Chalara fungus has been effecting ash trees across Europe since it was first indentified in Poland in 1992. Infected trees have included forest trees, trees in urban areas such as parks and gardens, and also young trees in nurseries.
In February 2012 Chalara was found in a consignment of infected trees sent from a nursery in the Netherlands to a nursery in Buckinghamshire. Then in October 2012, Food and Environment Research Agency (FERA) scientists confirmed a small number of cases in East Anglia, in ash trees which did not appear to have any association with recently supplied nursery stock. Since then Chalara has been found in a number of locations and situations in England and Scotland, including Sussex.
It is now clear that eradication is no longer a realistic possibility. Ash dieback is here to stay and all we can do is try to minimise the impact and learn from our mistakes.
I think my tree is infected. What should I do?It is vital that people who are concerned about the trees in their garden or woodland do not start to panic and simply cut them down, please get expert advice:
- Leave healthy ash trees well alone. Ash trees are a vital habitat for birds and insects. Some ash trees may have a natural resistance and seeds from surviving trees could be used for replanting schemes
- If you think a tree might be infected by Chalara, look at the videos below and visit the Forestry Commission's website to check their symptom guides.
- Check that the tree is an ash rather than a rowan (also known as mountain ash). Rowan trees are easily mistaken for ash but are not susceptible to Chalara
- If you think a tree is infected with Chalara, report it to the Forestry Commission using their Tree Alert system.
- The Forestry Commission will look into the report and may send out an inspector to take samples and confirm the disease.Please do not do anything to a tree that has not been confirmed as infected.
- If a tree is infected, the Forestry Commission’s inspector will tell you what to do next. This will probably follow the advice set out in the Action Plan published by the Government:
- Newly-planted diseased trees and diseased trees in nurseries will be traced and destroyed. This is because once young trees are infected they succumb quickly.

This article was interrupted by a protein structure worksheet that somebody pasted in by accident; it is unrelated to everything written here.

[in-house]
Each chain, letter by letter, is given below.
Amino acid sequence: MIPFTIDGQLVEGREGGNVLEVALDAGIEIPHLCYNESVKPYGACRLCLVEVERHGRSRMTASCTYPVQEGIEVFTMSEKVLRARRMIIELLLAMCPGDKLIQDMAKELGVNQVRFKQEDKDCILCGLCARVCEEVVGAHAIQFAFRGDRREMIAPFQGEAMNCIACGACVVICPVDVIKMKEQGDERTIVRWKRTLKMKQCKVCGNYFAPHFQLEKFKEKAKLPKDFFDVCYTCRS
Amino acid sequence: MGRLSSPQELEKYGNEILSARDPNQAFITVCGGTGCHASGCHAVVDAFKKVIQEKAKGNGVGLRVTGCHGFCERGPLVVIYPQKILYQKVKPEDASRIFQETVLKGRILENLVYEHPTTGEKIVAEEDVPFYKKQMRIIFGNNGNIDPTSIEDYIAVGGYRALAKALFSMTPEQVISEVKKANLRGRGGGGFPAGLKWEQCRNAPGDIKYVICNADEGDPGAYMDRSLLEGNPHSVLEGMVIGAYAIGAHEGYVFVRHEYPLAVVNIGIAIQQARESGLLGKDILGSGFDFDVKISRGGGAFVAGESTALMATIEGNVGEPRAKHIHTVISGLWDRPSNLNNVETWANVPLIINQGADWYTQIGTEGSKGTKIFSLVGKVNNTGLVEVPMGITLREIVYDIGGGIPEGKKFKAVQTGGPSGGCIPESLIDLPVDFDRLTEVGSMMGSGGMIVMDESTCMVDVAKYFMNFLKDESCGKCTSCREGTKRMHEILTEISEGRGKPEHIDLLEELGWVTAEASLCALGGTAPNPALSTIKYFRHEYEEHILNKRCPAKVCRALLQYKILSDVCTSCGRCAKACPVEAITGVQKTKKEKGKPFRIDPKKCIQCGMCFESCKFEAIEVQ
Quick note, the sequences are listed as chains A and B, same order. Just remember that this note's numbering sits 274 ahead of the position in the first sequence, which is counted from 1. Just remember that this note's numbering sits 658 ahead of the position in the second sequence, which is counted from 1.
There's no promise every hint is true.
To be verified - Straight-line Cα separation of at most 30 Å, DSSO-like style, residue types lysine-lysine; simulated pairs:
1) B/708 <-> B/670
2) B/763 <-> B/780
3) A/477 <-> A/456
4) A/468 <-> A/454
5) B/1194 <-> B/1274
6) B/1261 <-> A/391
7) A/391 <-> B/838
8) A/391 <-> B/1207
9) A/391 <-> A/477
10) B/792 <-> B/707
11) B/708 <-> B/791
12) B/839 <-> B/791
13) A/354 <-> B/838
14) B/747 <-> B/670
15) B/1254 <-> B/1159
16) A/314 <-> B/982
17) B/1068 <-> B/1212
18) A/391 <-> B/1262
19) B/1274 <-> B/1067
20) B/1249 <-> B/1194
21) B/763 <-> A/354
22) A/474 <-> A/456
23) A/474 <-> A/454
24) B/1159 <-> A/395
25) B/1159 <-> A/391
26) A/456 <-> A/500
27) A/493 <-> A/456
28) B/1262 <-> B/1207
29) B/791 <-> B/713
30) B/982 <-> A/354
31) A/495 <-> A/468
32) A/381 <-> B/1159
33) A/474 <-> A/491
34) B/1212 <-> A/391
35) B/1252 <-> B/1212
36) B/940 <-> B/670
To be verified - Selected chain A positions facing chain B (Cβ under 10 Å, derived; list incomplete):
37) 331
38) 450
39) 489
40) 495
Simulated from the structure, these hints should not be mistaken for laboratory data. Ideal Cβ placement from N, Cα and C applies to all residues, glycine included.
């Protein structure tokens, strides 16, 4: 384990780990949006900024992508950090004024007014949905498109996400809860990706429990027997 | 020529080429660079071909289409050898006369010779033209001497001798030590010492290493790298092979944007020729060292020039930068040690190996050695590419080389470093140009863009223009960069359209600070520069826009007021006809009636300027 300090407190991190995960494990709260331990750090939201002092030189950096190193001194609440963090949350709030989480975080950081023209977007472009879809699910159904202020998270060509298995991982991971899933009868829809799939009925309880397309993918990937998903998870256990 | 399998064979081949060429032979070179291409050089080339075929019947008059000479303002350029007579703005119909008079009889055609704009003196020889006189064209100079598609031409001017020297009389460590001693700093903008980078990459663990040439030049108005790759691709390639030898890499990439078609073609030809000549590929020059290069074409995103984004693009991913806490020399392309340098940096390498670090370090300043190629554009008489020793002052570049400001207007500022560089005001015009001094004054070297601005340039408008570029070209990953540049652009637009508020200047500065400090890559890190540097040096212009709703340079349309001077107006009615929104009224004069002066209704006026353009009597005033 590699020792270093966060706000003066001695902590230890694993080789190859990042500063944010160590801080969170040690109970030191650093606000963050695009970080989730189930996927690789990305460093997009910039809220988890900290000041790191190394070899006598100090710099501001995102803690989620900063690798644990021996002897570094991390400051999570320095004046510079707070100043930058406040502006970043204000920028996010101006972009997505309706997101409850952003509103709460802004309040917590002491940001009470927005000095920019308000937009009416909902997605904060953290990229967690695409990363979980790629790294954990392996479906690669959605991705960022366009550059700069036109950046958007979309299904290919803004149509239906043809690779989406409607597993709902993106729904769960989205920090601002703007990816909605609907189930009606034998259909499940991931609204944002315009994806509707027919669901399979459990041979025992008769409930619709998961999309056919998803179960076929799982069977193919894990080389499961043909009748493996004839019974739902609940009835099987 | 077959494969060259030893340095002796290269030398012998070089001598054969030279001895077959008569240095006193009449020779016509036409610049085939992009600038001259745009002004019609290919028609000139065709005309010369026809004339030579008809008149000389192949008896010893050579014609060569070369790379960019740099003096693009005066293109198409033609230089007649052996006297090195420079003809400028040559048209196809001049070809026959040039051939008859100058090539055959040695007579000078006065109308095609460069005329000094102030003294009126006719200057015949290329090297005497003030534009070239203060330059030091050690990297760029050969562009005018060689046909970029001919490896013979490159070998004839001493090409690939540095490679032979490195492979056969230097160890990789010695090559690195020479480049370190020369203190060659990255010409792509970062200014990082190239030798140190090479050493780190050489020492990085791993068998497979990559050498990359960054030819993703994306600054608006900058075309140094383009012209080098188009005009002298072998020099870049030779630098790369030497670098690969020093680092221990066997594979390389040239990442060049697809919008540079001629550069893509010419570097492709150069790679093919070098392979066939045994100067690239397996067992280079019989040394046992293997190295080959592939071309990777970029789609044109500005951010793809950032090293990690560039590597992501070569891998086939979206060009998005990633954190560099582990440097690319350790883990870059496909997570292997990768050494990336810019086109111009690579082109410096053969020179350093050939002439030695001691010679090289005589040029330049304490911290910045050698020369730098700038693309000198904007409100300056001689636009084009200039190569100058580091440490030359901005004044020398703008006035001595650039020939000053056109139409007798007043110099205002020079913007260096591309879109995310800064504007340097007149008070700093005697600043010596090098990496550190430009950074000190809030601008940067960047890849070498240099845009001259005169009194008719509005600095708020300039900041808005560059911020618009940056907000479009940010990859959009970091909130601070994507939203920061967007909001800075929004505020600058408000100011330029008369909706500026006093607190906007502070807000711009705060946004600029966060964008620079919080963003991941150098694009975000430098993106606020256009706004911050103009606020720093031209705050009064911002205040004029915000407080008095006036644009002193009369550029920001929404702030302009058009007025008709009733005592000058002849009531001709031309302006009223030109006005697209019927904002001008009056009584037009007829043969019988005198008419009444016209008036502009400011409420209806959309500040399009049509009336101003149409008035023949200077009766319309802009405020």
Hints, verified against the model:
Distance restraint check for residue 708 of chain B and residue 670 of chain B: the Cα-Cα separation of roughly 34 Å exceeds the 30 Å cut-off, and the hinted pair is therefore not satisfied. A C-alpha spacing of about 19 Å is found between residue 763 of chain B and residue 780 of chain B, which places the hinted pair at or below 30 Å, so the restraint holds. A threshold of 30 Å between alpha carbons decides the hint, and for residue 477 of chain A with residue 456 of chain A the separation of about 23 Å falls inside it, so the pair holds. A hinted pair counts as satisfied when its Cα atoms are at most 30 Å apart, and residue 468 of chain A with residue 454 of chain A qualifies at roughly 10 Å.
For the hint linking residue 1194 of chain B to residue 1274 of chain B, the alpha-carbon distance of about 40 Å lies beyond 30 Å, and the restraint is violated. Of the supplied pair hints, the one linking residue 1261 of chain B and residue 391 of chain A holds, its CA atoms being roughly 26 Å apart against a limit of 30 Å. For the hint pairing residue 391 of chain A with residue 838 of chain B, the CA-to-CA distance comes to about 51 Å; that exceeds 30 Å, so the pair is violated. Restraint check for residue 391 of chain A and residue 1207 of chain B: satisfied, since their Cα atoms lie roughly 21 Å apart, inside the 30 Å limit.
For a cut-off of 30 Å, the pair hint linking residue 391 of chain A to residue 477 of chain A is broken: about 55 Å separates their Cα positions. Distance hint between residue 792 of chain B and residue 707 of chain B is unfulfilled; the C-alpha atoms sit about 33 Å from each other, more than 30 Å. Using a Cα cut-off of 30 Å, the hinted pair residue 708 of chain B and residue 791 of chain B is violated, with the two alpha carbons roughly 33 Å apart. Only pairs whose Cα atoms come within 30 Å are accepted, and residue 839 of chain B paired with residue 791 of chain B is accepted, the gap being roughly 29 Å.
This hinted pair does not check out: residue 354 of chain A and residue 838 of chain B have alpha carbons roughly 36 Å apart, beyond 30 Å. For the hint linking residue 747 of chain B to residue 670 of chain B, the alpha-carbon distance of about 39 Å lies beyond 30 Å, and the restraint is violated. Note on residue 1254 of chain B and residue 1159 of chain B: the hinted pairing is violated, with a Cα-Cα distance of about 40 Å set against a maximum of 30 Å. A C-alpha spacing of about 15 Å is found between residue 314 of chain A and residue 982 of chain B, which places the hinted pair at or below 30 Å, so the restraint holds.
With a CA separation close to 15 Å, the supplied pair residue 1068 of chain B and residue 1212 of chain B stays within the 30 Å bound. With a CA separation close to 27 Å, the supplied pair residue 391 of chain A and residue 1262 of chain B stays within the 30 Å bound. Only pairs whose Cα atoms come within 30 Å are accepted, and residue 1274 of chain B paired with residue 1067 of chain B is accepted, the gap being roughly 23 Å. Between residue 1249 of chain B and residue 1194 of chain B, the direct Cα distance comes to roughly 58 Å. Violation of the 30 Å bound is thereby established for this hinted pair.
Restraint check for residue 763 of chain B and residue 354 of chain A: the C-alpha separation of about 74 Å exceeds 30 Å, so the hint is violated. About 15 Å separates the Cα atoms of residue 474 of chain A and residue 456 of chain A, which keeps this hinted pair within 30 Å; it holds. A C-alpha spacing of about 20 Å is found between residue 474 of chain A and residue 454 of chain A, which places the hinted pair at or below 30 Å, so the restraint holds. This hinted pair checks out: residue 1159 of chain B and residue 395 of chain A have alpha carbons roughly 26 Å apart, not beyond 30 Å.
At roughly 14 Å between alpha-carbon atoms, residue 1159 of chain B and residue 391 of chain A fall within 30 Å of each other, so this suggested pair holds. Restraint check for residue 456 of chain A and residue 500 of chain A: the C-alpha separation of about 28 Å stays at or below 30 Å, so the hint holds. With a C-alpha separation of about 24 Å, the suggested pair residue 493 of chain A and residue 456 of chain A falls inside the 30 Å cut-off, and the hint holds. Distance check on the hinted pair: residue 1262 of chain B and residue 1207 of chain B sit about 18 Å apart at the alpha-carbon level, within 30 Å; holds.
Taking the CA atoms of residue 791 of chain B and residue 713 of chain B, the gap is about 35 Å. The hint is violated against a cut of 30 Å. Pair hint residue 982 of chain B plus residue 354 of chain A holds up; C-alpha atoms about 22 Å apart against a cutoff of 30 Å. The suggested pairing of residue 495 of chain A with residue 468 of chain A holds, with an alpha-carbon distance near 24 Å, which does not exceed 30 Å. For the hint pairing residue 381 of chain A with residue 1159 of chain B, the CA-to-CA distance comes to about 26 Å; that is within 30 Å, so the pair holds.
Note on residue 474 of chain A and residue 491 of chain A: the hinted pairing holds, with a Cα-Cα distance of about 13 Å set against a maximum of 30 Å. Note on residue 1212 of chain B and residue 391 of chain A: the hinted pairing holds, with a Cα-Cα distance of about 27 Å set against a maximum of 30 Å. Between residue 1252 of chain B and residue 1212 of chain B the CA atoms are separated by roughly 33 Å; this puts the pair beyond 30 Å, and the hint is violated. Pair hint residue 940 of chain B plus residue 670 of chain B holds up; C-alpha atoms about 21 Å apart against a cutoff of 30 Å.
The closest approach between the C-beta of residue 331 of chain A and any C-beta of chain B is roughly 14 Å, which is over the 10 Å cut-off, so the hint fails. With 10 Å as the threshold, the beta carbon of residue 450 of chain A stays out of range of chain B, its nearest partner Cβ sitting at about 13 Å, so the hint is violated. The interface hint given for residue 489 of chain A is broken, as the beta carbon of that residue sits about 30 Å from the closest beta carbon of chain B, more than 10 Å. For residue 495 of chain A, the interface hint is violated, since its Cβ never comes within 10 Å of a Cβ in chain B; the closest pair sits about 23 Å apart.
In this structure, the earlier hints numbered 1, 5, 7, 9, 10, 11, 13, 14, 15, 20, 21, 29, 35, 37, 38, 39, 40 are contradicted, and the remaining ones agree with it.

- Mature trees will not currently be removed, as they are valuable to wildlife, take longer to die and can help us learn more about genetic strains that might be resistant to the disease.
- Further advice for woodland owners and managers is available here.
My trees are fine, but I would still like to help. What can I do?
- Be vigilant Chalara dieback could appear in ash trees anywhere in Britain, especially where young trees imported from continental Europe have been planted. The Forestry Commission urges you to inspect any ash trees you come across and to make sure you are familiar with the symptoms of Chalara dieback. Why not download their Pest Alert Factsheet
- Buy with care Be careful to only by plants from reputable suppliers and specify disease-free stock. A list of countries where C. fraxinea is known to be present is available in the Forestry Commission's Questions and Answers document.
- Be diligent Practice good plant hygiene and biosecurity in your own gardens and woodlands to prevent accidental spread of plant diseases. The Forestry Commission has produced posters that can be put up in woodlands to let people know if Chalara infected trees have been found there.
- Keep up to date Check the Forestry Commission website regularly for updates on developments. ‘Follow’ the Tree Pest News account on Twitter to receive rapid intelligence of new developments.
Why aren't the Government being more proactive?Following advice from woodland ecologists and plant health specialists it has been agreed that ash dieback cannot be controlled in any permanent way. Scientific evidence suggests that the best way to fight this disease is to allow it to spread through the ash population and wait for trees with natural resistance to regenerate woodlands. Whilst the 'slash and burn' proactive response worked to some degree with Dutch Elm Disease in Brighton and Hove, it would not be appropriate in this case for two reasons.Chalara spores are spread by the wind so it would be extremely difficult to create an effective barrier and ash is much more genetically diverse then English elm, so is more likely to develop an natural resistance to the disease.